Getting functional in Java 8

In September I attended JavaOne 2013 in San Francisco. Oracle was showing off Java 8, scheduled for GA in Q1 2014. The feature comming in Java 8 which exited me the most was the functional part, introduced with Project Lambda.

All the other major platform, such as C#, has had this for years now and finally Java is growing up and will introduce functional programming in Java 8. In previous versions of Java we have been so used to imperative style programming that it is hard to even realize the alternatives. It has worked fine, but is very low level and a extremely verbose syntax compared to the alternatives. With the new functional features we are now able to express what we want to achieve more consciously and not worry so much about how to actually do it. Java 8 enables us to used old school rock solid OO design and combine it with functional patterns. Combined we will be able to achieve more with less, meaning fewer bugs and more value delivered. This is a big change for Java, even bigger than generics introduced a few years back.

In this post I will present a few simple examples on how you can utilize functions in Java 8.


As a basis for each example I will have a list of persons as showed in the snipped below.

List persons = new ArrayList();
persons.add(new Person("Knerten Lillebror", 12));
persons.add(new Person("Kari Normann", 29));
persons.add(new Person("Ole Hansen", 32));

Passing functions in Java 8

Say you want to print the name of each person in the list. How do we do that in Java today (pre Java 8)? EASY! We loop the list and for each item in the list we print the name. We even use the enhanced for loop. Pretty simple, right?

for(Person p : persons) {

This is referred to imperative code syle. There is mainly two problems with this example:

  1. We have to introduce a temporary variable (p)
  2. We have to know HOW to iterate a list (the for ioop

Not only do we express WHAT we want to do, we also have to express HOW to do it, iterating all the elements and introducing a mutable element. In Java 8, we now have a forEach method on collections, which allows us to pass a function. The underlying framework will take care of how to loop each element. We will need to pass a Consumer, which performs an operation on each element:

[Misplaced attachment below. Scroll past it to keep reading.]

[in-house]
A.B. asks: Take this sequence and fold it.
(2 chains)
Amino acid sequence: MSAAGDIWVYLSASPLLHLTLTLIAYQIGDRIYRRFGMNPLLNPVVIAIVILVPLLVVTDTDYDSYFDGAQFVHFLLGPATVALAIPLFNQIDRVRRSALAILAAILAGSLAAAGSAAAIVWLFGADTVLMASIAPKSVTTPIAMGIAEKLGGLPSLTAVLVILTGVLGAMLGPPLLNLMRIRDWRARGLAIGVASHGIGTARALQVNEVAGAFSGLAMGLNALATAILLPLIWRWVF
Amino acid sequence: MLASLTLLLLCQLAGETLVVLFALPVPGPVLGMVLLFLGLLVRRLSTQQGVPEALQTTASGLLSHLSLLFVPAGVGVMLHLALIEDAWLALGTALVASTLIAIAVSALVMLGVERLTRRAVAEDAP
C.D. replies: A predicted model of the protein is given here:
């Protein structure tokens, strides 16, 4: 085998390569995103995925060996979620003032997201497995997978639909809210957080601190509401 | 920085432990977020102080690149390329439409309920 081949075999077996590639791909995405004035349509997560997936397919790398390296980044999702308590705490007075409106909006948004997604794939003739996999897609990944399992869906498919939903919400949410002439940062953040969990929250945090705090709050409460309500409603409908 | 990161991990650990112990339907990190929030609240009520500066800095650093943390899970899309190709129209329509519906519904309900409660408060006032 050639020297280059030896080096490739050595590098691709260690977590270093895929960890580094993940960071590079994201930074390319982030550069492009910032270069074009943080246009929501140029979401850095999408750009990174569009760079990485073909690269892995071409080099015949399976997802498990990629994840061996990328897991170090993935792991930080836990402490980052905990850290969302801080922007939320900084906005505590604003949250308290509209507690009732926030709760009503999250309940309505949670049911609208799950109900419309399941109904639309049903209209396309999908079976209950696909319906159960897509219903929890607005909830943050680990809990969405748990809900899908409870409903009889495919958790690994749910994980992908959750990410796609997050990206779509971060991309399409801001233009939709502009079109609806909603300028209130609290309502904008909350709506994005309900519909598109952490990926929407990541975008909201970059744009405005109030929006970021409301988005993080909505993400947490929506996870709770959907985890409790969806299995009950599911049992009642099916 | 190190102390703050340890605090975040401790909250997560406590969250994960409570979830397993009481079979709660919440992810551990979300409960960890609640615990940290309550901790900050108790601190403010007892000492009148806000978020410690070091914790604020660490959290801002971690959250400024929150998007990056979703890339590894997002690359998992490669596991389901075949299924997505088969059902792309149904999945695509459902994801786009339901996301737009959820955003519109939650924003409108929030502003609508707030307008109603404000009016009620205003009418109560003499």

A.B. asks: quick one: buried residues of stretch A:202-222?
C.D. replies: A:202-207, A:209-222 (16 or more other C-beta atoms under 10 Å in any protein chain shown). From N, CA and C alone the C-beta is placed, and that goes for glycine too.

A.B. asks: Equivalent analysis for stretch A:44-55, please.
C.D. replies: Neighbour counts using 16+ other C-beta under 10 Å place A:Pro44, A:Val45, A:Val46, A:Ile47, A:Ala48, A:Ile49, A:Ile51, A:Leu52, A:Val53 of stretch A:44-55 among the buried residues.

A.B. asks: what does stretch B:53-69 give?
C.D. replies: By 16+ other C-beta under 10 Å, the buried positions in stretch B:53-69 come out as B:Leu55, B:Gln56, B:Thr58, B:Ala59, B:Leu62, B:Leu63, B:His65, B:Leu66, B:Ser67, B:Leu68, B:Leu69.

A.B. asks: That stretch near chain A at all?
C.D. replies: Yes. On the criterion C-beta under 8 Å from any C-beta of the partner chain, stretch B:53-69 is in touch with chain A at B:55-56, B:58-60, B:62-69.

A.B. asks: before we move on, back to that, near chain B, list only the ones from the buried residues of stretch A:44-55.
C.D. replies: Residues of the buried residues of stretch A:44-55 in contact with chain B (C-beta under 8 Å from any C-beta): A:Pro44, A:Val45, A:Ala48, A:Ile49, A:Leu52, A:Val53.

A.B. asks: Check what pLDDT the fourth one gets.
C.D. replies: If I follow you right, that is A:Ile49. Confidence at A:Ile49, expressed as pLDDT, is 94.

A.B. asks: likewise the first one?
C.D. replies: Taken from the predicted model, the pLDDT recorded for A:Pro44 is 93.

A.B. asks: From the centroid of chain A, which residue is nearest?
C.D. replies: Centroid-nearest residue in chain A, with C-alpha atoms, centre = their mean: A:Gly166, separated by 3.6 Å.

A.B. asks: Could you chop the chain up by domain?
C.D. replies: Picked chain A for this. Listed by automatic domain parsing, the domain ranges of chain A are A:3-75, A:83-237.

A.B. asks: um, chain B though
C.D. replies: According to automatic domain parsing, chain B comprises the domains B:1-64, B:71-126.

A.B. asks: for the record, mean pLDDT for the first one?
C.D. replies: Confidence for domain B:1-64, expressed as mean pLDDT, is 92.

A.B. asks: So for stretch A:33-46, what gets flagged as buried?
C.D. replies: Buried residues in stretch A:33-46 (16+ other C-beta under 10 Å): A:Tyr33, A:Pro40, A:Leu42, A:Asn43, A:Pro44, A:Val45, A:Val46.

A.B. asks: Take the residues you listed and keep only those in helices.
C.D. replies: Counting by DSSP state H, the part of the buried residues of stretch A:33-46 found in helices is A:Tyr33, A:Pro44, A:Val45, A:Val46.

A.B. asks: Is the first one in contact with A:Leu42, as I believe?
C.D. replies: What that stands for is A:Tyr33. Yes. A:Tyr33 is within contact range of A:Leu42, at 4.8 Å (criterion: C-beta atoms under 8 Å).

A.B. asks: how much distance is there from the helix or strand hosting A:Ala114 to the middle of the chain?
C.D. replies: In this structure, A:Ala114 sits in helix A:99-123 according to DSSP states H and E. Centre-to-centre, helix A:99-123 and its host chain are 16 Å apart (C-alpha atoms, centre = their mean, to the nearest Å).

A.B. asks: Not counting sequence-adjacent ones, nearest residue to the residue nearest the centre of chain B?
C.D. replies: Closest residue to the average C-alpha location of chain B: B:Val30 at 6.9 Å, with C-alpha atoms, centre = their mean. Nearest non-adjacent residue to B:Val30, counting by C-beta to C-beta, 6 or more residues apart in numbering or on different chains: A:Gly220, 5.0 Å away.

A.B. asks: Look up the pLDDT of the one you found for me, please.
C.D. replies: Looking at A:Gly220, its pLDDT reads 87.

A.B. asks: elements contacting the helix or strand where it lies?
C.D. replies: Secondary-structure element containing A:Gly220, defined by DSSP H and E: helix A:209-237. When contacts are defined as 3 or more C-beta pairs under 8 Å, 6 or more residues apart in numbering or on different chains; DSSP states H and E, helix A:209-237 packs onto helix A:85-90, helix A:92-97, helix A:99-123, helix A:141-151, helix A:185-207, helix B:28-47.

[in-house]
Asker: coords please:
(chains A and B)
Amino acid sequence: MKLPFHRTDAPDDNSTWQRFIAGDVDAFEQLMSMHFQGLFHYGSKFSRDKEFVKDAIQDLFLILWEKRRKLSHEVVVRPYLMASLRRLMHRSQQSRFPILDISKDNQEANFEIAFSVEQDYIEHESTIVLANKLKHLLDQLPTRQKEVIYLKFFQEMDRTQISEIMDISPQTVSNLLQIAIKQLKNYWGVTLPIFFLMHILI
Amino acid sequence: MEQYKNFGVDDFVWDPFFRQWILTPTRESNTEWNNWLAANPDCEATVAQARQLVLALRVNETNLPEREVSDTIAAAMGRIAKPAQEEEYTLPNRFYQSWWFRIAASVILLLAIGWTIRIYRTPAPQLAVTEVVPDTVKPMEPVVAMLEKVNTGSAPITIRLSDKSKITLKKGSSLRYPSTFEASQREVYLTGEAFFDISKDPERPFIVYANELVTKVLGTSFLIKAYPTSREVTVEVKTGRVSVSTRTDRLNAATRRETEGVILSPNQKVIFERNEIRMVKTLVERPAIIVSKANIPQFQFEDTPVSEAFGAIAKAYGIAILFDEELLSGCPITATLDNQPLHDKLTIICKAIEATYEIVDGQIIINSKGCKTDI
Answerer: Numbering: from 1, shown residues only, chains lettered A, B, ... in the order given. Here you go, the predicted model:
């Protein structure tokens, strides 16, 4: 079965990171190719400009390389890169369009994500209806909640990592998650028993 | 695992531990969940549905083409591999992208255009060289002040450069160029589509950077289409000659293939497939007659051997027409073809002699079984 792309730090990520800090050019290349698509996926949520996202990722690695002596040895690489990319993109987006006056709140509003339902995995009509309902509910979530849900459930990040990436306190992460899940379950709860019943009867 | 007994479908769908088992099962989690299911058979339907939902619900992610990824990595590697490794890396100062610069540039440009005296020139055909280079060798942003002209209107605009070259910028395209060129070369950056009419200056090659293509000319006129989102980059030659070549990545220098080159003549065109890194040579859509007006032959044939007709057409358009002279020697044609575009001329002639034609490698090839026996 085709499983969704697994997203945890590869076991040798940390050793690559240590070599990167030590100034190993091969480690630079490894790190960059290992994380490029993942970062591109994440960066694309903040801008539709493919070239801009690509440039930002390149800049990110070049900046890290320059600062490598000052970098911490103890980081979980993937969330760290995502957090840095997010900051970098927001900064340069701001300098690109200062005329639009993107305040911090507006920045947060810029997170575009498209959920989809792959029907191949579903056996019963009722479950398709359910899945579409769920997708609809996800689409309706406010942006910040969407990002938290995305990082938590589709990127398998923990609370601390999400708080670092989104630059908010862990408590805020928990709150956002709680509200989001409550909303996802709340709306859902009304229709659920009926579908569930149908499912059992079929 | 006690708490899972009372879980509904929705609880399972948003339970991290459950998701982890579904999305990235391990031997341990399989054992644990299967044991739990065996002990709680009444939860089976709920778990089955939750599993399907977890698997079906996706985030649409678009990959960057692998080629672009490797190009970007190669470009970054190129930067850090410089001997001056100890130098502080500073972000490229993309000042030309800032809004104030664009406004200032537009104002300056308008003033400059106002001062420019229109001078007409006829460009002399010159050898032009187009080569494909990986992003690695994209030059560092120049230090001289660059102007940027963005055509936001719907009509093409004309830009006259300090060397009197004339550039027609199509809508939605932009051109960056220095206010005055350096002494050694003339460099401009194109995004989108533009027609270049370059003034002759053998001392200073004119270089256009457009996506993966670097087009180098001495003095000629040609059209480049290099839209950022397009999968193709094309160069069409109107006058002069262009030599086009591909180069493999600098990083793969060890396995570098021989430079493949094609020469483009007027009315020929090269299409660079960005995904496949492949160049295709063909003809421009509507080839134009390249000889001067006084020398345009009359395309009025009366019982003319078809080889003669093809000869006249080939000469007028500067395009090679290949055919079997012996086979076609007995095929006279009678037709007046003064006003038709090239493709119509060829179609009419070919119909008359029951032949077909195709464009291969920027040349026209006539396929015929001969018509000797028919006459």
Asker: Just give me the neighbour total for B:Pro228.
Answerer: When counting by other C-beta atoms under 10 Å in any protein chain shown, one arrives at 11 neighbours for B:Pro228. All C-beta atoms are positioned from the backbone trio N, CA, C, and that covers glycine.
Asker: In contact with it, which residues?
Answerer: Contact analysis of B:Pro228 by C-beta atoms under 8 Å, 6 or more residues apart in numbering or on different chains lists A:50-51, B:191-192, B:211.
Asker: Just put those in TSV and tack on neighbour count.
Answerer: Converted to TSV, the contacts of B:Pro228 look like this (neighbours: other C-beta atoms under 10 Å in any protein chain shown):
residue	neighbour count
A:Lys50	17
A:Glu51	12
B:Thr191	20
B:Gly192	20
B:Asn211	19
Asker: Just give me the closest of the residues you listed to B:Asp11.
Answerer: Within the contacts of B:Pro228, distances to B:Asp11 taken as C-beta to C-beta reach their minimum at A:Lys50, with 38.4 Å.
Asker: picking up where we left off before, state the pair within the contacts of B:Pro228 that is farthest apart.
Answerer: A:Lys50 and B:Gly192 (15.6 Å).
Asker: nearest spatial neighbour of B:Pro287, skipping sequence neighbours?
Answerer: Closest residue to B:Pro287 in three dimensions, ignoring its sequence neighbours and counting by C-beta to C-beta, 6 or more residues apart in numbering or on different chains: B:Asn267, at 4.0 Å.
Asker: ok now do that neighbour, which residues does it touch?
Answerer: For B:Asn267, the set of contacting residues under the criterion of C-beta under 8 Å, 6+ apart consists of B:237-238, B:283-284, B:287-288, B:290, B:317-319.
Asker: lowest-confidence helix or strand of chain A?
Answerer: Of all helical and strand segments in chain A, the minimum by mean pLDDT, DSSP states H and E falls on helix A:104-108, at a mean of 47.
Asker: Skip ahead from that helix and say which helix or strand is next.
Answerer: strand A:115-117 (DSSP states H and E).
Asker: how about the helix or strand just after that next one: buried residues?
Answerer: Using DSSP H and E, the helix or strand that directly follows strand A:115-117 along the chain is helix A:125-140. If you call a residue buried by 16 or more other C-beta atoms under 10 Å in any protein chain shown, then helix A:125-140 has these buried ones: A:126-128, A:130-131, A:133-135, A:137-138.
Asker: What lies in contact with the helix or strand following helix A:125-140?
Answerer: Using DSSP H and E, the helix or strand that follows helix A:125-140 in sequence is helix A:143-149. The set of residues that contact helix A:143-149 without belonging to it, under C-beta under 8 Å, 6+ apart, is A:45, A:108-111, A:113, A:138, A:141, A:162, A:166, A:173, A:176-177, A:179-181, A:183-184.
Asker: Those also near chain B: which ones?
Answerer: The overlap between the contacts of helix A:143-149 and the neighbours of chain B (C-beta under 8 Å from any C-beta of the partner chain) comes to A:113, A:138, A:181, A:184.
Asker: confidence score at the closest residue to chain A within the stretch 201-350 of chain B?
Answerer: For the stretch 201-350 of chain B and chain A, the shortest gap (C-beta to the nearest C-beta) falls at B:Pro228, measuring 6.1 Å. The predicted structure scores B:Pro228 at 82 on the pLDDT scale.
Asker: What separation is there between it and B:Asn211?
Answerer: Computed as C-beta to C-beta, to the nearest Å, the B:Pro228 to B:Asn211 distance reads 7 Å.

persons.forEach(p -> System.out.println(p));

Remove elements

The collection also makes it super simple to remove elements from a collection. We just use a lambda expression, a predicate, to express which elements we want removed. How would you implement this pre Java 8?

persons.removeIf(p -> p.getAge() > 20);

* We could also use the syntax “(Person p) -> p.getAge() > 20)”, to specify type, this is optional, as it is automatically inferred by the compiler.

WARNING. I generally do not feel it is a good practice to use this function as it mutates the actual list. In my opinion it would be better if it returning a new list/view, without the elements matched by the predicate.

Method references

In Java 8 we will also be able to borrow functions from other classes using the “::” notation:


Function blocks

It’s even possible to pass a function block:

persons.forEach(p -> {
    System.out.print("hi there: ");

This is the first quick post with many more to come. The Stream API is especially interesting and I will cover a lot of it soon.


2 thoughts on “Getting functional in Java 8

  1. Pingback: What are lambdas in Java 8? | Ivar Conradi Østhus

  2. Pingback: Streaming CSV files with the Java 8 Stream API | Developer writing about stuff

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